Marine Algae & Sustainability

Here are the facts.  Harvesting of seaweed is regulated by the EU and Canada.  As in fishing, there are seasons when and how you can harvest seaweed.  In fact the harvest seasons in France have been regulated ever since Cardinal Richelieu enacted laws on the subject during the reign of Louis XIII.

  1. All seaweed that we use is food grade.  That means that the EU and Canada test the waters where the seaweed is harvested.  All of the areas where it is are far away from rivers or estuaries that may be vehicles for pollutants.  Far from disturbing the eco-systems, most of the seaweed in Asia is harvested using ‘long line of rope’ which are placed in the ocean.  There, red algae such as agar agar, porphyra (Nori), palmaria, gracilaria, etc….are planted on a string and the algae grow cylindrically around the rope over a range of several miles. When it comes time to harvest, the harvesters merely pull in the rope in much the way that one would pull in a clothesline….hardly disruptive at all.
  1. Some of the algae we use is farmed…..especially micro algae.  We obtain extracts of omega 7 and omega 3 fatty acids from Nannochloropsis algae and astaxanthin from Haematoccus algae.  Additionally we use chlorella and Spirulina which is farmed under controlled conditions.
  1. World production of seaweed totals 10 million metric tons annually with China in the lead responsible for 5 million tons, Japan 800,000 tons, South Korea 600,000 tons, the US about 100,000 tons, France about 100,000 tons, etc.  Now the venues where we get our seaweed is from the islands off the Brittany coast….the Ouessant Isles and the Isle of Batz.  The Isle of Batz alone contains 10 million metric tons of algae by itself….equal to the world production.  The world biomass of seaweed would be measured in the trillions upon trillions of tons.  As mentioned before, the harvest is regulated.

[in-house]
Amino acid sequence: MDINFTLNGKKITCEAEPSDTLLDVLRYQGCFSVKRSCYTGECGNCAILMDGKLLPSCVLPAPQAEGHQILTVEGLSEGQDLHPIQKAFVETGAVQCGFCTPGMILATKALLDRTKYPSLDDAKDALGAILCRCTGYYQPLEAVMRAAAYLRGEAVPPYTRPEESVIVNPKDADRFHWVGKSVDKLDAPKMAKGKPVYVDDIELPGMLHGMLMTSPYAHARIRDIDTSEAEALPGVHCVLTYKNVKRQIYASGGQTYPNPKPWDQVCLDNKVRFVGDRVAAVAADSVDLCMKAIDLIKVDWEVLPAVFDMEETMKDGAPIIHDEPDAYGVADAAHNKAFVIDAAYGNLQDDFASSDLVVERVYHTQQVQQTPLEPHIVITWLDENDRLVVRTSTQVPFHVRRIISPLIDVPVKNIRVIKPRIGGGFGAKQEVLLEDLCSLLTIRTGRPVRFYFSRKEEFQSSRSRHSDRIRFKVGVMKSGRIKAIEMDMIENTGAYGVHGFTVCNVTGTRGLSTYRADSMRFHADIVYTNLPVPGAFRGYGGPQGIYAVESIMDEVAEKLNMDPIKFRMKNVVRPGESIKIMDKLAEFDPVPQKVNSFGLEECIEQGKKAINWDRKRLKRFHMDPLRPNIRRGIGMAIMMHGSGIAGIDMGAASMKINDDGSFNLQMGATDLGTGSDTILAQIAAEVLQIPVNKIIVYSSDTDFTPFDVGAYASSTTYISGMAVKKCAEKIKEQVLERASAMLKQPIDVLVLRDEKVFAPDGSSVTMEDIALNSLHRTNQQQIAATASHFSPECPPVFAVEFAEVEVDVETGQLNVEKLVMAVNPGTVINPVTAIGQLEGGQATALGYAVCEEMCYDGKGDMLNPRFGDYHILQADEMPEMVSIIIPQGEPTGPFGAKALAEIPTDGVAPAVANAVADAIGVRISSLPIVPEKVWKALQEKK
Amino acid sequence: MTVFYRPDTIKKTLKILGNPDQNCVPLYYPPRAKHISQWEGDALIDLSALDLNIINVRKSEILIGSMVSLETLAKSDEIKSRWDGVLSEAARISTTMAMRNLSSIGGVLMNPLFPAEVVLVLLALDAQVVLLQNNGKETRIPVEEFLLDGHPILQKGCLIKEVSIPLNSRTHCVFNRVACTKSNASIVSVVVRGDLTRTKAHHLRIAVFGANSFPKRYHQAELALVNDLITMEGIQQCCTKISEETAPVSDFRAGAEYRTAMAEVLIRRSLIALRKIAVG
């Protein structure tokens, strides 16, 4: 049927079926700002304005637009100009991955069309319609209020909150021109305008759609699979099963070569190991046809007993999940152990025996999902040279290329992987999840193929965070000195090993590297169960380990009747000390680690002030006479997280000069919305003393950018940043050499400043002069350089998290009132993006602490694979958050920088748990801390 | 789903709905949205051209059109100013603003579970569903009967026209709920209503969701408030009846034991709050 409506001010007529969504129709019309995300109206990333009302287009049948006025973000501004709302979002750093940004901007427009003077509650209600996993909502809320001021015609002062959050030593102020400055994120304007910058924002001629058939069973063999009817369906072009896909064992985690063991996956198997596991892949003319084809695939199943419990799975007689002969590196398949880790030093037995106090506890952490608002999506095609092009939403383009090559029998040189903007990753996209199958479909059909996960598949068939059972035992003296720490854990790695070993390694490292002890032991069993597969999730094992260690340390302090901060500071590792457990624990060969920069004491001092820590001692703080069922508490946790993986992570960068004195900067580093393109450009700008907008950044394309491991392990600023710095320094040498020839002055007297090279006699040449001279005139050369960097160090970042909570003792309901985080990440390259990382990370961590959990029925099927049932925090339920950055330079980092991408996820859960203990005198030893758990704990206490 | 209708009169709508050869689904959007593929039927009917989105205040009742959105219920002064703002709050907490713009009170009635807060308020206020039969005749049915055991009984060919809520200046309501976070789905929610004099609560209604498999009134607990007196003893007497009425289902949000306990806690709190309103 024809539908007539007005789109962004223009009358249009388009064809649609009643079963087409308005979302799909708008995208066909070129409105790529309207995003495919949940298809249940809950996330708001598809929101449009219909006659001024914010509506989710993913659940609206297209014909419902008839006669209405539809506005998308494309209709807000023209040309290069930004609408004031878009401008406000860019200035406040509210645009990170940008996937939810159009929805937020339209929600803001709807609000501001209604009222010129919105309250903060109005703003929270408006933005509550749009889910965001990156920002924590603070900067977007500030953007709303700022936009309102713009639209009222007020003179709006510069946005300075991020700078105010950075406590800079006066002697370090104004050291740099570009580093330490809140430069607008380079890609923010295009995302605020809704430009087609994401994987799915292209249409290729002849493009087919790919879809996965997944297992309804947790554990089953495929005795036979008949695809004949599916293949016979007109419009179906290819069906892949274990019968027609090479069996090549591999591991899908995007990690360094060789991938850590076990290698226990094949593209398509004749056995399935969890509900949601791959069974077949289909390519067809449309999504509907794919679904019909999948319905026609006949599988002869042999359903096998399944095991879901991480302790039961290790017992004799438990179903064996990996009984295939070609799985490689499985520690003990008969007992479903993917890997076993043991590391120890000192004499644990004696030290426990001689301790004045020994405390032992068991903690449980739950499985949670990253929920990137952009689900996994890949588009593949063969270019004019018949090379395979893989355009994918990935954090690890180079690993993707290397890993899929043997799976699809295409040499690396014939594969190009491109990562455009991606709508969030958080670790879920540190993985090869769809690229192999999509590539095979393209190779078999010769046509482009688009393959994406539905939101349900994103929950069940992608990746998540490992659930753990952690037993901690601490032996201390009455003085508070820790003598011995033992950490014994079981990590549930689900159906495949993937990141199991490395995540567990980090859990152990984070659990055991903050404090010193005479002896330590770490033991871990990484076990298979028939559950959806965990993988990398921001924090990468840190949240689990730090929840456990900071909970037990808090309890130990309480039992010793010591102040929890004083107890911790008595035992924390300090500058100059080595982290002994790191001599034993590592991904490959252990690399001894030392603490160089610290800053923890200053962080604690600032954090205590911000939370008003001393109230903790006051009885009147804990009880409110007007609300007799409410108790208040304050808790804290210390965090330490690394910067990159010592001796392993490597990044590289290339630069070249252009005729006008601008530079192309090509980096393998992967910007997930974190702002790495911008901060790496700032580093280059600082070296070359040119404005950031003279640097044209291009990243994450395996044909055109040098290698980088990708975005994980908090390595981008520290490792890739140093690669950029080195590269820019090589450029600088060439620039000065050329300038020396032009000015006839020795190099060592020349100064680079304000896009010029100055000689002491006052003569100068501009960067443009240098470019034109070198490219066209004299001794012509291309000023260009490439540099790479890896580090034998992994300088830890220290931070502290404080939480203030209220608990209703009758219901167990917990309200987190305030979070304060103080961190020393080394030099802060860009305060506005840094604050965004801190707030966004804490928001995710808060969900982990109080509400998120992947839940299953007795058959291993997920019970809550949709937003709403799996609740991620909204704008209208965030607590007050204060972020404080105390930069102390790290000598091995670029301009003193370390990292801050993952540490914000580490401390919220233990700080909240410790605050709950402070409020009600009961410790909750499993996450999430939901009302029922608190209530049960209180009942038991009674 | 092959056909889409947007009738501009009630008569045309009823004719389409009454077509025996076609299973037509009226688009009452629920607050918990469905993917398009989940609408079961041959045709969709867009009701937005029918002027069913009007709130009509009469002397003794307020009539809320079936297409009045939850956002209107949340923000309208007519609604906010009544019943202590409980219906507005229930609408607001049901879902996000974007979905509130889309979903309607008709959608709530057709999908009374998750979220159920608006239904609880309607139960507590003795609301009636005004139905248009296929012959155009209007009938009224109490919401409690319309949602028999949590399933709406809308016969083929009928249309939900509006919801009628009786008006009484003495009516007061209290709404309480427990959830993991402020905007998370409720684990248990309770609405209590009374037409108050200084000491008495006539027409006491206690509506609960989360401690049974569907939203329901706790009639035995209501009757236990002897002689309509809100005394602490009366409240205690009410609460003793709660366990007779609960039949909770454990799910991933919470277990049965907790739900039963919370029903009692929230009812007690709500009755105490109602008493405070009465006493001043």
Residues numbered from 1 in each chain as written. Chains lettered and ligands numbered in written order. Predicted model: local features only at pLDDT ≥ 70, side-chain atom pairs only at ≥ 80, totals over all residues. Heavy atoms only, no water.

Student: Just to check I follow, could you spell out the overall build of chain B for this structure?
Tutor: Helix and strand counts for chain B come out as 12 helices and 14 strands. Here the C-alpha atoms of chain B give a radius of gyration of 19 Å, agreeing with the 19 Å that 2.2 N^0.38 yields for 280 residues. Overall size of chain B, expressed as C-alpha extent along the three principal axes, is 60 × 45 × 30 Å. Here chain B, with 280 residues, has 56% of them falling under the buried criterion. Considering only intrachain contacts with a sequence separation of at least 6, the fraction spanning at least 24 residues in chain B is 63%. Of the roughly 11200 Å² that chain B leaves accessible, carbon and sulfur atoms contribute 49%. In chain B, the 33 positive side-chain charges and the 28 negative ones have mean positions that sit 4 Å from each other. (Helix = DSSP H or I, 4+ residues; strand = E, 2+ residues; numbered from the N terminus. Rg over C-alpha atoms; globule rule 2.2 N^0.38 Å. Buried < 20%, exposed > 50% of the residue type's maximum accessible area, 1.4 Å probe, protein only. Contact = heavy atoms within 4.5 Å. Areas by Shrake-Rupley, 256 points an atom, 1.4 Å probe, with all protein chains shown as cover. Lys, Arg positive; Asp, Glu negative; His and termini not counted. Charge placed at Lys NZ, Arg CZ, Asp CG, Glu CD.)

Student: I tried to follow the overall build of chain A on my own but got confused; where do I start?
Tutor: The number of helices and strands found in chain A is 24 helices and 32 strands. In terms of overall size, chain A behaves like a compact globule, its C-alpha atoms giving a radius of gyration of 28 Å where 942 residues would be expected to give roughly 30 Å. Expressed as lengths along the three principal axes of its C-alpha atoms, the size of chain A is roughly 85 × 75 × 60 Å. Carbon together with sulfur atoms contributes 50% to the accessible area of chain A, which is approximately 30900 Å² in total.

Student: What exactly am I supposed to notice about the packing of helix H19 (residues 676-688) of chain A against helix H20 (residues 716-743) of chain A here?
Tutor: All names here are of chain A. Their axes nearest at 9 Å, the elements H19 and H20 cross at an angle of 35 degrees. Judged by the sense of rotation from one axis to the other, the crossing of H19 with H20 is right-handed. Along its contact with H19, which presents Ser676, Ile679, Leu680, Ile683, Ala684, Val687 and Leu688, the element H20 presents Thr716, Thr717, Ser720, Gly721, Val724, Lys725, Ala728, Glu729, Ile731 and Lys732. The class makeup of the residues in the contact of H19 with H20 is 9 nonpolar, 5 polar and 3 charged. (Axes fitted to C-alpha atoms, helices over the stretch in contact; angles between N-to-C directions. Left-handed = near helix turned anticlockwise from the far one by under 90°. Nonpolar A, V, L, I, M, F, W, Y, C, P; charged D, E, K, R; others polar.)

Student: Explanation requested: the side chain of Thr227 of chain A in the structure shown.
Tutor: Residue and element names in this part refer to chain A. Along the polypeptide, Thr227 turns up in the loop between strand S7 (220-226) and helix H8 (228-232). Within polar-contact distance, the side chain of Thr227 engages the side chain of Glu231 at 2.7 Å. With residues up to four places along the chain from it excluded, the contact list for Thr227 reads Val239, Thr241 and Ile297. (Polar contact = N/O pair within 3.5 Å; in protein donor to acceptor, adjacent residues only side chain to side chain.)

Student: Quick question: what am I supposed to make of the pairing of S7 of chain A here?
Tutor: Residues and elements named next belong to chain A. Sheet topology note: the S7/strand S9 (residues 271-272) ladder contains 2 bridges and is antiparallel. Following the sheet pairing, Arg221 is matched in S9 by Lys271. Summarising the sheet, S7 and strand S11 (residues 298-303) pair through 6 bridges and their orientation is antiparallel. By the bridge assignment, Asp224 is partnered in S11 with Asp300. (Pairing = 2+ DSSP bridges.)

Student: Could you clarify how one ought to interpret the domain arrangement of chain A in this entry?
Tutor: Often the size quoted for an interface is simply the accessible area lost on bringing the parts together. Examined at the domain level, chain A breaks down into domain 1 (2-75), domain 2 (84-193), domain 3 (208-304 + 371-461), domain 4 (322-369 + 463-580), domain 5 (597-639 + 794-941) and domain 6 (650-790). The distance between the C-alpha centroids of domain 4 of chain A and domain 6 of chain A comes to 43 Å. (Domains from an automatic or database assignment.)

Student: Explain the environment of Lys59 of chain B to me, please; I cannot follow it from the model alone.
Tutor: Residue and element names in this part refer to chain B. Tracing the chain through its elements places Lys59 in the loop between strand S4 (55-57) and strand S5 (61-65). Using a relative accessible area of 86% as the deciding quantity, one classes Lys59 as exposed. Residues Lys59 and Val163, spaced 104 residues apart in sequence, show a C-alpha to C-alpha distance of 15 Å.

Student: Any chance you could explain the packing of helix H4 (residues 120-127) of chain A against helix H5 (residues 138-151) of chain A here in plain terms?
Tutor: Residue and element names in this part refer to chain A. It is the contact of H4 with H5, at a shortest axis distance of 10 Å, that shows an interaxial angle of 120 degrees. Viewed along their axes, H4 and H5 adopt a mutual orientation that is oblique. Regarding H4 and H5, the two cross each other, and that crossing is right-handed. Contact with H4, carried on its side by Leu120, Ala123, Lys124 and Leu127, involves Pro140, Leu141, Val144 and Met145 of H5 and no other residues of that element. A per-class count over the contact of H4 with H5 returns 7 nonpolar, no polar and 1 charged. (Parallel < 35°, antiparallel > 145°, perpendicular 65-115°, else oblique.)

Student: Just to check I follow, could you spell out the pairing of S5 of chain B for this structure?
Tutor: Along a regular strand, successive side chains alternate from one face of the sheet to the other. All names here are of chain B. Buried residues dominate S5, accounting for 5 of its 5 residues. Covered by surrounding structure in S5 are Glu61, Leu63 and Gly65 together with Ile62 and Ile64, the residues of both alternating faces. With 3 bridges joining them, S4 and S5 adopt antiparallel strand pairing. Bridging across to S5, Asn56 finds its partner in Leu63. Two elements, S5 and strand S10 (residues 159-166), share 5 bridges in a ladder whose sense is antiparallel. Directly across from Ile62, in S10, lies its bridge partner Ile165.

1. About 90% of the seaweed harvested is for industrial uses ranging from textiles (all of your cotton, woolen and linen shirts and other apparel are laminated with Laminaria algae for extra resilience); wood pulp is laminated with Laminaria to create paper; photographic papers and film as well as the paint on the wall which would chip off without Laminaria.  The rest of the algae harvested is for the food, pharmaceutical and cosmetic industries.

So the answer is mixed.  Some algae are harvested in the wild by fishermen or ‘goemoniers as they are called in France; others reeled in along strings while much is cultivated in farms.

Attached is a pix of my cousin in France who spent his entire life harvesting seaweed.